Clinical Trial #1: Transurethral Wash, Collection, & Cancer Diagnosis

Cytopathologists describe decreased diagnostic sensitivity of neobladder specimens. The purpose of this clinical trial was to compare diagnostic quality of voided (neobladder) urine specimens for cytology analysis in diagnosing bladder cancer recurrence versus selective saline urethral wash specimens acquired via certain novel embodiments of the present invention. The present trial was performed clinically on patients under IRB approval and patient informed consent. No significant safety risk was considered to be presented by the novel technique evaluated versus the comparison urine void approach, whereas improved diagnostic quality of cytology for cancer diagnosis was expected from the new technique with potentially significant clinical benefit in patient management and care.

Commercially available “Foley” type catheters were used, as modified in a similar manner and according to the embodiments as described and shown hereunder by reference to FIGS. 2A-6. The methods of use were also similar to the methods described hereunder by reference to FIG. 6. More specifically, the present experiment was conducted infusing saline through the distal infusion ports into the urethra proximally adjacent to an inflated balloon at the urethral-bladder interface, with downstream collection of the isolated urethral wash contents through the respective distal collection ports of the catheter located further downstream in the urethra toward the penis tip. In addition, an adjustable penis clamp similar to that shown and described by reference to FIGS. 7A-B was used for dual isolation of the urethra in a closed-loop infusion/collection system.

Shown in FIG. 12 is a microscopic photograph of one patient's collected specimen using the standard urine voiding technique from the neobladder. Shown in FIG. 13 is a microscopic photograph of urethral wash contents obtained with the novel modified catheter and technique, illustrating results achieved according to one particular exemplary embodiment of certain aspects of the invention. The two compared micro slides show different numbers of squamous cells. In fact, analysis of the specimens yielded the following different distributions re: the type and utility of their contents:

Voided Urine Specimen:

    • a. 2% Urothelial/squamous cells
    • b. 98% Degenerated (non-useful) cells

Selective Urethral Wash:

    • a. 70% Urothelial/Squamous Cells
      • →30% Urothelial Cells
      • →40% Squamous Cells
    • b. 30% Degenerated Cells

Obviously, since cancer will develop in the urothelium/squamous cells, it is necessary to fully evaluate each cell. In the sample collected with the current improved system and method, 50 squames are seen in the field. This result provides an exemplary account for the diagnostic benefit of the present embodiment. In the other comparison group (voided urine using conventional technique), much fewer squamous cells (1-2) are seen. This is also a cloudy “debris-filled” specimen. The sensitivity of cytologic analysis and cancer diagnosis is limited because the cells of interest are difficult to see.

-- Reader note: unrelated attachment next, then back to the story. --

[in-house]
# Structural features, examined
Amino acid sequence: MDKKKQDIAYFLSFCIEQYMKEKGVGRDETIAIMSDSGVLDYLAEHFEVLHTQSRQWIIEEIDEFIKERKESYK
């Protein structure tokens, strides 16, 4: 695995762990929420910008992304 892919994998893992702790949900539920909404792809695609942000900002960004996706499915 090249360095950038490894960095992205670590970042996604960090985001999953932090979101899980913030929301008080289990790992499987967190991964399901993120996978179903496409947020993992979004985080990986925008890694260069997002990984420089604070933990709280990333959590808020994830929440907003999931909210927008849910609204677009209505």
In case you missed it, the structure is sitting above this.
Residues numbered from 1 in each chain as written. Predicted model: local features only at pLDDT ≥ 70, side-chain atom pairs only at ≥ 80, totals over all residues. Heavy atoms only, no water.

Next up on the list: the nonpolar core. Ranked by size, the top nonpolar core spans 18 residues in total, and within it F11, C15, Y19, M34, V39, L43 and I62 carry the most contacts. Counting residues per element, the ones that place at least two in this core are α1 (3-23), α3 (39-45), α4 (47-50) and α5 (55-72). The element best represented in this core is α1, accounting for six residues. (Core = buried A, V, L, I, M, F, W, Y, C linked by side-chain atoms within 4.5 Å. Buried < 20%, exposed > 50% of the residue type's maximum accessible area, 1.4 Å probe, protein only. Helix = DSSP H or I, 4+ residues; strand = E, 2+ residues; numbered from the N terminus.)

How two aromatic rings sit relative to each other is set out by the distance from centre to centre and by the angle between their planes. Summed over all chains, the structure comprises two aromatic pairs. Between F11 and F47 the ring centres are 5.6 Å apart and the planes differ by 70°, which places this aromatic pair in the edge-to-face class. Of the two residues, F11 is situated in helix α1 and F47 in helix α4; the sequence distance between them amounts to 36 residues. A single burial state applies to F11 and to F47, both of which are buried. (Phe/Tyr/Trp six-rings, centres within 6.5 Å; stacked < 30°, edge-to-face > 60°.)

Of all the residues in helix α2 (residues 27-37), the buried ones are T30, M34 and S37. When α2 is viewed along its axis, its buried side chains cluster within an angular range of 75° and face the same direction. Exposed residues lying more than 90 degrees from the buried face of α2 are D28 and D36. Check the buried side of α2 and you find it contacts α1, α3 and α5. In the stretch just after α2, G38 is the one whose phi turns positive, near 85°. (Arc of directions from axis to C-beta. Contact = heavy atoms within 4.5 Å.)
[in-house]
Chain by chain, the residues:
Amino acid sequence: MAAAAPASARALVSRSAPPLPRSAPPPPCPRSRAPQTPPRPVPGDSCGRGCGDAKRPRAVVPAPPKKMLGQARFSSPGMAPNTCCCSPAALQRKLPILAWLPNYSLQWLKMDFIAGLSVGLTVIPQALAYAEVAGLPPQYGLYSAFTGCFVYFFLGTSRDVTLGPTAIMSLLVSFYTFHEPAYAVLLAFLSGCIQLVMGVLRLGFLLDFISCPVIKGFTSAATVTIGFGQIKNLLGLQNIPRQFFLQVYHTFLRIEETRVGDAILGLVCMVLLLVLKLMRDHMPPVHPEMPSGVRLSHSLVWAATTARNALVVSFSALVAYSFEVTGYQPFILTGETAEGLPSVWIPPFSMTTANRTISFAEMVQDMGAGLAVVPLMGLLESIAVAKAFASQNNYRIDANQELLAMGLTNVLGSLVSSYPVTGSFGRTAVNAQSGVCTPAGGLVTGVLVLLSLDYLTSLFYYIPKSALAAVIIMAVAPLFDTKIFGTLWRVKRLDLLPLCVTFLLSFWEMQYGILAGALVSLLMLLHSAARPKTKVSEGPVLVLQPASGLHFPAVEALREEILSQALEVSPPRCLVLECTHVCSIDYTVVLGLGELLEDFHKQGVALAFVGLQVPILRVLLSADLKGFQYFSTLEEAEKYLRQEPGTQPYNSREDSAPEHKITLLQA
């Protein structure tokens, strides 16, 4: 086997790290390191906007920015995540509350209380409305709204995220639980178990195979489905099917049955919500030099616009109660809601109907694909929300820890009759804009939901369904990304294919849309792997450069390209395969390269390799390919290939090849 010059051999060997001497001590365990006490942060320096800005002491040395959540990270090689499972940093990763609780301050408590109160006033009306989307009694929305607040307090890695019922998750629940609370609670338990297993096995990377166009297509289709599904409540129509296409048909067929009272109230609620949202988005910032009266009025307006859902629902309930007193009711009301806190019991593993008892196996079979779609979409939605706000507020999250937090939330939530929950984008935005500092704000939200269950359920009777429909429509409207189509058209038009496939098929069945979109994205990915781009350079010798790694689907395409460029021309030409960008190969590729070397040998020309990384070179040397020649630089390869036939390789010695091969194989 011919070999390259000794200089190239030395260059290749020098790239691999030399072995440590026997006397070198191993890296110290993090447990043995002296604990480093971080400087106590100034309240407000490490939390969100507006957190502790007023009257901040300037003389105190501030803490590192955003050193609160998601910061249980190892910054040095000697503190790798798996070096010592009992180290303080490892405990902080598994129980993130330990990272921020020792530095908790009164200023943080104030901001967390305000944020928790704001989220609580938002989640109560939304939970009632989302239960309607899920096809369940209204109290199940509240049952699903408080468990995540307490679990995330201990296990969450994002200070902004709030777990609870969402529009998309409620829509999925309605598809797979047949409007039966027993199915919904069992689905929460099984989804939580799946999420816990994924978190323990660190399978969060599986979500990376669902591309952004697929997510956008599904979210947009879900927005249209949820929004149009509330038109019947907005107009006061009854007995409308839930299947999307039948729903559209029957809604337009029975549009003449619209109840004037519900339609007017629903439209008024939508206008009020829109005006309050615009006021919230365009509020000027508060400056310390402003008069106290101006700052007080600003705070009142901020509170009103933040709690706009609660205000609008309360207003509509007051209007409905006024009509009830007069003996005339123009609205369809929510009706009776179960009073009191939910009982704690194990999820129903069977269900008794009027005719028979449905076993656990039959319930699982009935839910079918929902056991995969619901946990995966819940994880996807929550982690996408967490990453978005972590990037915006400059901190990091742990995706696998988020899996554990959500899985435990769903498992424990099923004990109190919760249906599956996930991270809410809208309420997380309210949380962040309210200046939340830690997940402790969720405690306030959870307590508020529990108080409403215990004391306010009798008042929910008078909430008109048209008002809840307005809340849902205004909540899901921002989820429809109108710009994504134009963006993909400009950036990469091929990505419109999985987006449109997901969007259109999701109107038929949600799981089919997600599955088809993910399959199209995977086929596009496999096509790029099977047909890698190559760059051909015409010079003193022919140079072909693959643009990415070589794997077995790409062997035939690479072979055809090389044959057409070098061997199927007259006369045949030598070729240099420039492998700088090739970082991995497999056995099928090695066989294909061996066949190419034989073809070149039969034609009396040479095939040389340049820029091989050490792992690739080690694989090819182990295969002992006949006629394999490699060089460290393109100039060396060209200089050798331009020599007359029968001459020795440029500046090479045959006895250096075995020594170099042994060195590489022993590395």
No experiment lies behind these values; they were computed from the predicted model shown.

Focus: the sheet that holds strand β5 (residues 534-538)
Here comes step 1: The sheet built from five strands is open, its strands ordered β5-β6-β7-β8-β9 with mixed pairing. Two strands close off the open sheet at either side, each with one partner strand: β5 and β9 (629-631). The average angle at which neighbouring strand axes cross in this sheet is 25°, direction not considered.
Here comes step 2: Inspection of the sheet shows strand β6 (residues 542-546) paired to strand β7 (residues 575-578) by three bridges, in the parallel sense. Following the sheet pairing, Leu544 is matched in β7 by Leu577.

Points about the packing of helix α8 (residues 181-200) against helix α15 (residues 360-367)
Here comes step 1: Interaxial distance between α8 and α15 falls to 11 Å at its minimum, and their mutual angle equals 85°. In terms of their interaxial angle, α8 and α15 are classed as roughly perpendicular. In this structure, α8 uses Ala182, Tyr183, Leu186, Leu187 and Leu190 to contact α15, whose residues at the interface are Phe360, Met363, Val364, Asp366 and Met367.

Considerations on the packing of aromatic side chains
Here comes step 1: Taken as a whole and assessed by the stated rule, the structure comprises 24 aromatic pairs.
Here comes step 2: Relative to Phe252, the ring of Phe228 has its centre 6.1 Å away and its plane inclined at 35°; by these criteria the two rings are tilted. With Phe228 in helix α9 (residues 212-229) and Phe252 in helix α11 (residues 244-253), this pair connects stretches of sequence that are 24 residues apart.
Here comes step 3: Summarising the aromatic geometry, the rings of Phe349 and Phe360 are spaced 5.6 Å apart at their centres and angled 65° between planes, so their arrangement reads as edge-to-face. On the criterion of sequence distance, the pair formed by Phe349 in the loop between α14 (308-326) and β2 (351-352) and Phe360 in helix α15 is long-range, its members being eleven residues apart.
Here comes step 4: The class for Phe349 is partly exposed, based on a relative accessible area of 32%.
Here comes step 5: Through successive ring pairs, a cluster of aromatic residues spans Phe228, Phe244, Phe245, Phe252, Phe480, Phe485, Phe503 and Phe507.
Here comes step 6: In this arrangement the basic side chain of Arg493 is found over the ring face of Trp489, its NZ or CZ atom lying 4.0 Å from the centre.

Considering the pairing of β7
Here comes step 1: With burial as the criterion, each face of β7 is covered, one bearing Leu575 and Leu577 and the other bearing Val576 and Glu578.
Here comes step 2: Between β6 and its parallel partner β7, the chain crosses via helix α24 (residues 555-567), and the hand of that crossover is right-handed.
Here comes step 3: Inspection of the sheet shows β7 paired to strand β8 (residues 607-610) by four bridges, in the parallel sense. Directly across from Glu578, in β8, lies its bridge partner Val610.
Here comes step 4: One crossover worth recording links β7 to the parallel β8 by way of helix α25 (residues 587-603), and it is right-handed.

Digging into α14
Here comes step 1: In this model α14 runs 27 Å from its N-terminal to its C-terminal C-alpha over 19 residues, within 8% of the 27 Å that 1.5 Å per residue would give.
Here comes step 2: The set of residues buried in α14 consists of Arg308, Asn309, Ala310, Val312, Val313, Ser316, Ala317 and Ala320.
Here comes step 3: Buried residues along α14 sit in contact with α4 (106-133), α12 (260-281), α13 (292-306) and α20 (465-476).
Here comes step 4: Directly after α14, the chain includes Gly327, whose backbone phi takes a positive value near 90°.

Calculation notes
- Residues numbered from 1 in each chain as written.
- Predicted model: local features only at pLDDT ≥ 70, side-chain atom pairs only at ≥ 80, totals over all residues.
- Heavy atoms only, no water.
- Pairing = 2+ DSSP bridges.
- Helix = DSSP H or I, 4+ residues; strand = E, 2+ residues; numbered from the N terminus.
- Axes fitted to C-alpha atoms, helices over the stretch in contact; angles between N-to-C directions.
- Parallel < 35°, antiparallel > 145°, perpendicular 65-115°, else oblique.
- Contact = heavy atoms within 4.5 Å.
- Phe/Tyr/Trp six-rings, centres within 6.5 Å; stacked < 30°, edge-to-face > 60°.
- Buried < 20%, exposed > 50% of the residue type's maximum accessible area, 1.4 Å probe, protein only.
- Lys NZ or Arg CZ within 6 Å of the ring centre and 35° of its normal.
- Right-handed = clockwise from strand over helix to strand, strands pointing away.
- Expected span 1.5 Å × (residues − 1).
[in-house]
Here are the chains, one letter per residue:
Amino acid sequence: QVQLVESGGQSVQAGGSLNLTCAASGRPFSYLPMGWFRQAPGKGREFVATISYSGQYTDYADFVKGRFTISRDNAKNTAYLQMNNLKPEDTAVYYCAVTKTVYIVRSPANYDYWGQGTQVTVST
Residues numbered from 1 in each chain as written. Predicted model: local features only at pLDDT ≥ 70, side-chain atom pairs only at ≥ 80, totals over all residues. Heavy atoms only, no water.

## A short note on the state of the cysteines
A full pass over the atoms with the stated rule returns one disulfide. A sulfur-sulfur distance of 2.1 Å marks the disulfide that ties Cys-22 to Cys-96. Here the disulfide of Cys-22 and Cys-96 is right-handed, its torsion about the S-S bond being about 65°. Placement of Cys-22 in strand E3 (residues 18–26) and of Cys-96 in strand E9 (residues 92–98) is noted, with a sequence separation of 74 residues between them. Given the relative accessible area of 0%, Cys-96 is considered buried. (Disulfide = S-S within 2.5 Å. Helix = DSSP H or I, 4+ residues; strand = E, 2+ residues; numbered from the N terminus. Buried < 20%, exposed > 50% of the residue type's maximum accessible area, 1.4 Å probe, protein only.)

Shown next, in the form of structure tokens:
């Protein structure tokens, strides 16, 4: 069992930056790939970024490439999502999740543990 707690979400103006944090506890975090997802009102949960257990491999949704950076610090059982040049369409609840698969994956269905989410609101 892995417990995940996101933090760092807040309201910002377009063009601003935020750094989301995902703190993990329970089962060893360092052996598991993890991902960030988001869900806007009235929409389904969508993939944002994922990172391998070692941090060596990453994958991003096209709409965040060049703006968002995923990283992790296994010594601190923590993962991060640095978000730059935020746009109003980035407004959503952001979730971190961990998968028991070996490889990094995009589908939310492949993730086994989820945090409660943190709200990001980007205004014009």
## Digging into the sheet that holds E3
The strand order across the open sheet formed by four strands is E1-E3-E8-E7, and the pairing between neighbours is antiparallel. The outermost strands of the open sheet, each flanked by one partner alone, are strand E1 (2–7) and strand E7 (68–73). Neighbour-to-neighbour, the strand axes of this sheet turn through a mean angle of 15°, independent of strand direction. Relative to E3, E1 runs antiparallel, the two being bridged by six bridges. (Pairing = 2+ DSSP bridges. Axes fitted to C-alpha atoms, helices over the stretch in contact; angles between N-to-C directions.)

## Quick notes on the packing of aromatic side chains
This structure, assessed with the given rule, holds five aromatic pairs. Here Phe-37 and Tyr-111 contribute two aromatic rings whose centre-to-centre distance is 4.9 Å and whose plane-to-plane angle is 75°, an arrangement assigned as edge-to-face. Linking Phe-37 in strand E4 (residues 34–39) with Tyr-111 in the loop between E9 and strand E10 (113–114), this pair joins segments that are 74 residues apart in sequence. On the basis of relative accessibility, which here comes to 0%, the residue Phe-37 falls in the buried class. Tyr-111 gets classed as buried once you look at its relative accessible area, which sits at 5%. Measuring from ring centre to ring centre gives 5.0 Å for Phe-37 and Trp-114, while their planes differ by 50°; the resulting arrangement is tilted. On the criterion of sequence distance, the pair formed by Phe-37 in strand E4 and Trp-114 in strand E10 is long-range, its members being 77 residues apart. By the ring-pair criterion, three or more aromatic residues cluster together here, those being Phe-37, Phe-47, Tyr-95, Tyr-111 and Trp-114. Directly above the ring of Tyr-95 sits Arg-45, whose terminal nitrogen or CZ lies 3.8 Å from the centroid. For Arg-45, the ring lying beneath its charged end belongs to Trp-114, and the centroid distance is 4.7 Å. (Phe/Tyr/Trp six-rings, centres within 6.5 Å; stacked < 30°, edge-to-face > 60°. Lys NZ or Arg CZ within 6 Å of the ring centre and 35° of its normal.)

Various different types of materials are contemplated for manufacturing the catheters and various components herein described. In general, transurethral use as contemplated will typically involve highly flexible constructions for patient comfort and conformability to the various structures involved, such as for example latex, silicone, rubber, and/or polyurethane materials. Balloons for inflation within the bladder or urethra will generally also be of the compliant, low pressure type, typically volumetrically filled and expanded at low pressures.

Clinical Trial #2: Urethral Chemotherapy Perfusion & Lavage

Devices similar to those used and described above in Clinical Trial #1 were used in this trial, except in a different overall assembly and use intended to locally deliver BCG in a closed loop fashion in the Urethra for cancer therapy.

1. Introduction and Objective:

Close follow-up with urethral lavage is recommended for patients at high risk for recurrence of bladder cancer after radical cystectomy. Where urethral cancer recurrence happens, the conventional standard of management is urethrectomy, or removal of the urethra. This results in major adverse lifestyle impact and surgical morbidity, including un-diversion of orthotopic neobladder where urine voiding is not controlled and external urine collection bag must be worn. Other management choices in setting of recurrence may include urethral sparing approaches, such as surgical resection and surveillance. However, this is not feasible where there is no distinct target for resection, such as in the case of biopsy being positive for carcinoma in-situ, or negative biopsy.

Limited reports suggest that select pathologic types of urethral recurrence can be managed with urethral therapy. Certain particular previous work has suggested that intraurethral perfusion therapy of Bacille Calmette Guerin (BCG) is a viable treatment alternative to primary urethrectomy for carcinoma in situ (CIS) urethral recurrence following radical cystectomy. Of 10 patients observed in one study, 6 were positive for carcinoma in situ with denuding urethritis, with 4 presenting with papillary carcinoma. Five of six of the CIS patients, or 83%, were considered successful with mean survival of 84 months and a range of (14-122 months). Of the Papillary group, zero of four, or 0%, were considered successful with mean survival of 44 months and a range of (12-91 months).

The disclosure of the following publication is herein incorporated in its entirety by reference thereto: Varol, C. et al., “Treatment of urethral recurrence following radical cystectomy and ileal bladder substitution.” J Urol. 2004 September; 172(3):937-42.

However, selective perfusion of the urethra, either to deliver BCG chemotherapy, or to obtain urethral cytology, is technically challenging. Spillage of BCG onto the patient's skin and elsewhere poses a significant exposure hazard to the patient and administering health professional. A closed-system low-pressure method to perfuse the urethra is needed to minimize chemotherapy exposure risks and to facilitate diagnostic urethral lavage.